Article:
Girls continue to grab the attention of the wrestling world. And one girl, Ally Fitzgerald, continues to flourish.
For the first time in the 42 years of the Eastern States Classic, the event hosted a girls-only tournament. There were 70 girls, representing 37 schools, to compete in nine different weight classes.
According to Newsday records, no Long Island girl has ever placed in the prestigious midseason tournament.
Fitzgerald, a Lynbrook junior, who made headlines by winning a boys high school tournament as a freshman in 2018, earned the 113-pound girls title at Sullivan County Community College in Loch-Sheldrake this past weekend.
Fitzgerald rebounded from a loss in the round-robin portion of the event to dominate the final with an 11-2 win over previously undefeated Riley Dalrymple of Copenhagen. Fitzgerald also pinned two previous opponents, Genesis Ceron of Grover Cleveland in 29 seconds and Kylah Holka of Niagara Falls in 2:30.
Fitzgerald hit an early hip toss for a five-point lead in the first period and never allowed Dalrymple into the match.
“She was simply overpowering,” Lynbrook coach Rich Renz said. “Her only loss came after she was disqualified for elbowing her opponent. That came after she’d had her fingers twisted, which is illegal, more than once. I’m happy the loss didn’t derail her shot at the title and she refocused and came out aggressively in the final.”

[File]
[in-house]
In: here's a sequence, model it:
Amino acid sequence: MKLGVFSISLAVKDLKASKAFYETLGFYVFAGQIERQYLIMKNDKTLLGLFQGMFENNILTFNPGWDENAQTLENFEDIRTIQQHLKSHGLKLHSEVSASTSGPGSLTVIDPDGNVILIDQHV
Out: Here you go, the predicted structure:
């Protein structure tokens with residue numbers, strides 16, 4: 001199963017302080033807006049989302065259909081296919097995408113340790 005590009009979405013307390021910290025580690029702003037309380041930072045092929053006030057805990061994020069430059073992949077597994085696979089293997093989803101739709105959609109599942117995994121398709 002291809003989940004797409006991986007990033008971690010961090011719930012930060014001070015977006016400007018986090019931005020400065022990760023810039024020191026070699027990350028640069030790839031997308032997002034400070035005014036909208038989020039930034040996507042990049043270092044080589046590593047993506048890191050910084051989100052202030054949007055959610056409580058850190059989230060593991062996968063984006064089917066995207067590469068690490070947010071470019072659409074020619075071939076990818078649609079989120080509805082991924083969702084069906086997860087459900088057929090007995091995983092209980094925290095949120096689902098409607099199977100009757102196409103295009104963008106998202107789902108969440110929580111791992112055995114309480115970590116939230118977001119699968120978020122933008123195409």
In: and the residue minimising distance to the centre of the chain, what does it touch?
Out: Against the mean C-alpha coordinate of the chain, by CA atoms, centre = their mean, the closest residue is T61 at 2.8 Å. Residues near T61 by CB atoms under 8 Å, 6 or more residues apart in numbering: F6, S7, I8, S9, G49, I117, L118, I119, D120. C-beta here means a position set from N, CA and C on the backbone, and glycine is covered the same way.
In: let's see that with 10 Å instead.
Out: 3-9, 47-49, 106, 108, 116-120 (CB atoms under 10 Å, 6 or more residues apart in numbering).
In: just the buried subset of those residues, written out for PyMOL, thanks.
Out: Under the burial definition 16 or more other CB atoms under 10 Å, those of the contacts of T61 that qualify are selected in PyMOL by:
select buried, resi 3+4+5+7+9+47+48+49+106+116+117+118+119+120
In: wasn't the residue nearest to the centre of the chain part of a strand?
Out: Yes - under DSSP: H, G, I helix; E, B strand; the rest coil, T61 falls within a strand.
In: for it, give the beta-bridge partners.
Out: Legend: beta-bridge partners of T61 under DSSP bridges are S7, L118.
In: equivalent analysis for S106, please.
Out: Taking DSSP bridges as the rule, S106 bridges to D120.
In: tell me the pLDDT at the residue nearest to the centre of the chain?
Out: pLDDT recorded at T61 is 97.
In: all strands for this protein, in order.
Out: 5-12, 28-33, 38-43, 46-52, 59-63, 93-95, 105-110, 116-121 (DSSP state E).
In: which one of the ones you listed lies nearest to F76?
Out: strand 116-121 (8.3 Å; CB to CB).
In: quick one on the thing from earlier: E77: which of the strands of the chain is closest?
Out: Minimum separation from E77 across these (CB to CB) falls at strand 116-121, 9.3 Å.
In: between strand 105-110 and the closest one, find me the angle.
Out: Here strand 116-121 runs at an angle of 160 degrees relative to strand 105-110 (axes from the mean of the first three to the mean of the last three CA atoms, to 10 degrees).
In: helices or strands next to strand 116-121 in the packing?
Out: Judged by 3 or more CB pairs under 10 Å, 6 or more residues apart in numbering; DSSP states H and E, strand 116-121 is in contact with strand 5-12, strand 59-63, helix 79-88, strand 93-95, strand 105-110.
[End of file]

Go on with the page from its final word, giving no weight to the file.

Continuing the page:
Fitzgerald never has been one to shy away from competition or the physicality of the sport.
“I was the one seed and expected to win,” she said. “I wrestled Dalrymple many times before in national tournaments and beat her in six of seven bouts. I’ve trained with all boys since I was eight years old, so I have an advantage on girls. Most of these girls only wrestled against girls.”
Fitzgerald is 24-6 against mixed competition this season. In three years she has a 63-17 career record.
She placed third in the Uniondale boys tournament in November, losing in a semifinal in overtime. She finished third at the David Ironman boys tournament at Monsignor Farrell on Staten Island, losing in a semifinal by a point.
Fitzgerald also captured the South Side girls-only tournament.
“She’s wrestling boys and girls,” Renz said. “She’s really held her own against the boys, even against the state- and county-level guys. She goes the distance with most of the wrestlers. And the girls she has to adjust a little and be smart and not underestimate anyone.”
“I was the only girl wrestling at such a young age and it didn’t bother me,” Fitzgerald said. “Girls wrestling is the fastest growing sport in the country. But I still like beating the boys because, believe me, no one wants to wrestle a girl or lose to a girl, so no one goes light on me.”